These interactions are of interest, as they suggest potential biological pathways that may have implications for our understanding of the mechanisms of action for developmental neurotoxicity due to methylmercury. However, there are also important implications in regard to risk assessment. In our study, any overall methylmercury toxicity was not detectable at the low average exposure levels (mean: 26 ng/g in umbilical cord, corresponding to about 0.5 μg/g hair), even when adjustments for beneficial dietary factors from maternal seafood intake and social class were included in the models. One might therefore assume that the developmental neurotoxicity was negligible. However, adverse associations among genetically susceptible groups were discovered in analyses that were stratified by the SNP allelic variants. While the wild type was associated with benefits from increased methylmercury exposure (as a marker of maternal seafood diet) one or two mutations in the genes led to lower IQs at age 8 years. Furthermore, the importance of such genetic predisposition is illustrated by the fact that 21 percent of the cohort subjects had at least four minor alleles in the four SNPs identified; this subgroup showed methylmercury-associated cognitive deficits with low p-values for interaction (p-values for interaction = 0.002 and 0.0001). Given that the apparent increase in IQ among those who had no more than one mutation in the four genes is likely due to the benefits from maternal seafood diets, then the much lower IQs in children with minor alleles are worrisome. In some analyses, the difference between the groups suggests that children with at least four mutations lose as much as 25 IQ point more than wild type children at a 10-fold increase in prenatal methylmercury exposure. This finding suggests that current exposure limits may be too lax for a sizable fraction of the general population. One caveat must be mentioned. As some of the candidate genes may show pronounced differences in allele frequencies between ethnic groups, adjustment for potential genetic confounding must be considered. Because of the genetic background of the English and immigration during recent decades, the ALSPAC cohort can be considered an admixed population. Heterogeneity of genetic background can potentially lead to spurious associations if ancestry is related to both a candidate gene and the disease outcome of interest, i.e., genetic confounding due to population stratification (Ziv and Burchard, 2003). In future studies, the risk of genetic confounding should be based on a set of ancestry informative markers to reveal latent population structures within the study. Estimated proportions can then be included in statistical models as covariates to adjust for potential genetic confounding. However, the poor correlation between mutations of the four genes identified in the ALSPAC study would speak against genetic confounding as an explanation. Thus, these findings should inspire an increased interest in GxE studies in regard to developmental neurotoxicity caused by mercury and, possibly, other environmental chemicals.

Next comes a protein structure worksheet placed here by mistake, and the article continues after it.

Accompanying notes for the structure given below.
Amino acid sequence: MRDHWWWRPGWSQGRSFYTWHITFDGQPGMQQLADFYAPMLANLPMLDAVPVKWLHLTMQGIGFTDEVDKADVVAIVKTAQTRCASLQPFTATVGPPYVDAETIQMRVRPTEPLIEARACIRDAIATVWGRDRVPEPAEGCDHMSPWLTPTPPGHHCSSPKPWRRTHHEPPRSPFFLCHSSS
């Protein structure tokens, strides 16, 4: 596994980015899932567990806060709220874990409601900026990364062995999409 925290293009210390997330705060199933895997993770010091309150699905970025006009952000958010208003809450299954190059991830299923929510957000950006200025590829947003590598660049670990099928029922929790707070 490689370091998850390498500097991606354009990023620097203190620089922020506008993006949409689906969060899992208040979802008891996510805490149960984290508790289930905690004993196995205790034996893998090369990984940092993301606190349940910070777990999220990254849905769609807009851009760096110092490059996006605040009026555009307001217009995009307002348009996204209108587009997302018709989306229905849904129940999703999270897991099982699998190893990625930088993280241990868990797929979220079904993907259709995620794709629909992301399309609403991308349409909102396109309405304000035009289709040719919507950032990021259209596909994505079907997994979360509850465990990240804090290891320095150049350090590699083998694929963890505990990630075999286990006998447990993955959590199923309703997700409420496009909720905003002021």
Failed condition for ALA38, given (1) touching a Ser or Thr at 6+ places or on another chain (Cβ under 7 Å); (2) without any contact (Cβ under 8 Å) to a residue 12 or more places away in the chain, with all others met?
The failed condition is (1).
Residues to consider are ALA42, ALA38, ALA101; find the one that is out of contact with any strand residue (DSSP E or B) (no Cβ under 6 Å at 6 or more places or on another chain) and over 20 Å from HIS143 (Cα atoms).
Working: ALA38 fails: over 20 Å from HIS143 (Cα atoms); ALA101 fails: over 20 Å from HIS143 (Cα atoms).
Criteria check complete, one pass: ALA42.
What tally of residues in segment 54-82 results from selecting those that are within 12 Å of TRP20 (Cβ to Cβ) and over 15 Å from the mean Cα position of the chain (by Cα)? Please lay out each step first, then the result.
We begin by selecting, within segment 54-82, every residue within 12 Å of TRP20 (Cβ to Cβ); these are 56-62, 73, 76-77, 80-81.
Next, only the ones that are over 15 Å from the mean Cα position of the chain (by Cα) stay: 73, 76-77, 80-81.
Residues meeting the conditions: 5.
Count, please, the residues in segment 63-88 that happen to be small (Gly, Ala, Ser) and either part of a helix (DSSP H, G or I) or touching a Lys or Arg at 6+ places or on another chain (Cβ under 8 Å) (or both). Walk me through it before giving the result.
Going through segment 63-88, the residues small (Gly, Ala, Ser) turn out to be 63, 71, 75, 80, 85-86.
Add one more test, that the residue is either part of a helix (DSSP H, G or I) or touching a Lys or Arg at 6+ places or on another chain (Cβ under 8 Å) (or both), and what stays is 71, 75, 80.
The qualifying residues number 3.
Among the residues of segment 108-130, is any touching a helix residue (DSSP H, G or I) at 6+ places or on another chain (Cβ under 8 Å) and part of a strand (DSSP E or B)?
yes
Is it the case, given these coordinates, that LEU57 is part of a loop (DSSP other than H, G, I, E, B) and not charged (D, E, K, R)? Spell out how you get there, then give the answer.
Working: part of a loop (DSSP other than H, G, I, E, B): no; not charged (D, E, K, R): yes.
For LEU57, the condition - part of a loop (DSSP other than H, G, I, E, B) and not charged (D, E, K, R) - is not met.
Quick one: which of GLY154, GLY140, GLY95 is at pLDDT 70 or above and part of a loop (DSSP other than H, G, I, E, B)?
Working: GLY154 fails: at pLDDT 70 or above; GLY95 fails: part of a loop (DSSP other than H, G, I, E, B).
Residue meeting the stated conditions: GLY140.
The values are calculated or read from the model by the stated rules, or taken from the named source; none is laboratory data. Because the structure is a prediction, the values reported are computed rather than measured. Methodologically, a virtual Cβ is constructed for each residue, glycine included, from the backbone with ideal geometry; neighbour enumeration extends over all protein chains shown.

In regard to organochlorine compounds (OCs), Morales et al., observed that GSTP1 Val105 polymorphism modified effects of prenatal p,p′-Dichlorodiphenyltrichloroethane (p,p′-DDT) exposure on cognitive functioning in preschoolers, thus suggesting oxidative stress as a potential neurotoxicity mechanism (Morales et al., 2008). The same GSTP1 Val105 polymorphism conferred excess susceptibility to the cognitive effects of cumulative lead exposure in a Boston-based prospective cohort of men (Eum et al., 2013). The two reports suggest similar toxic pathways from lead and DDT exposures, but further research is required with a more complete set of candidate genes.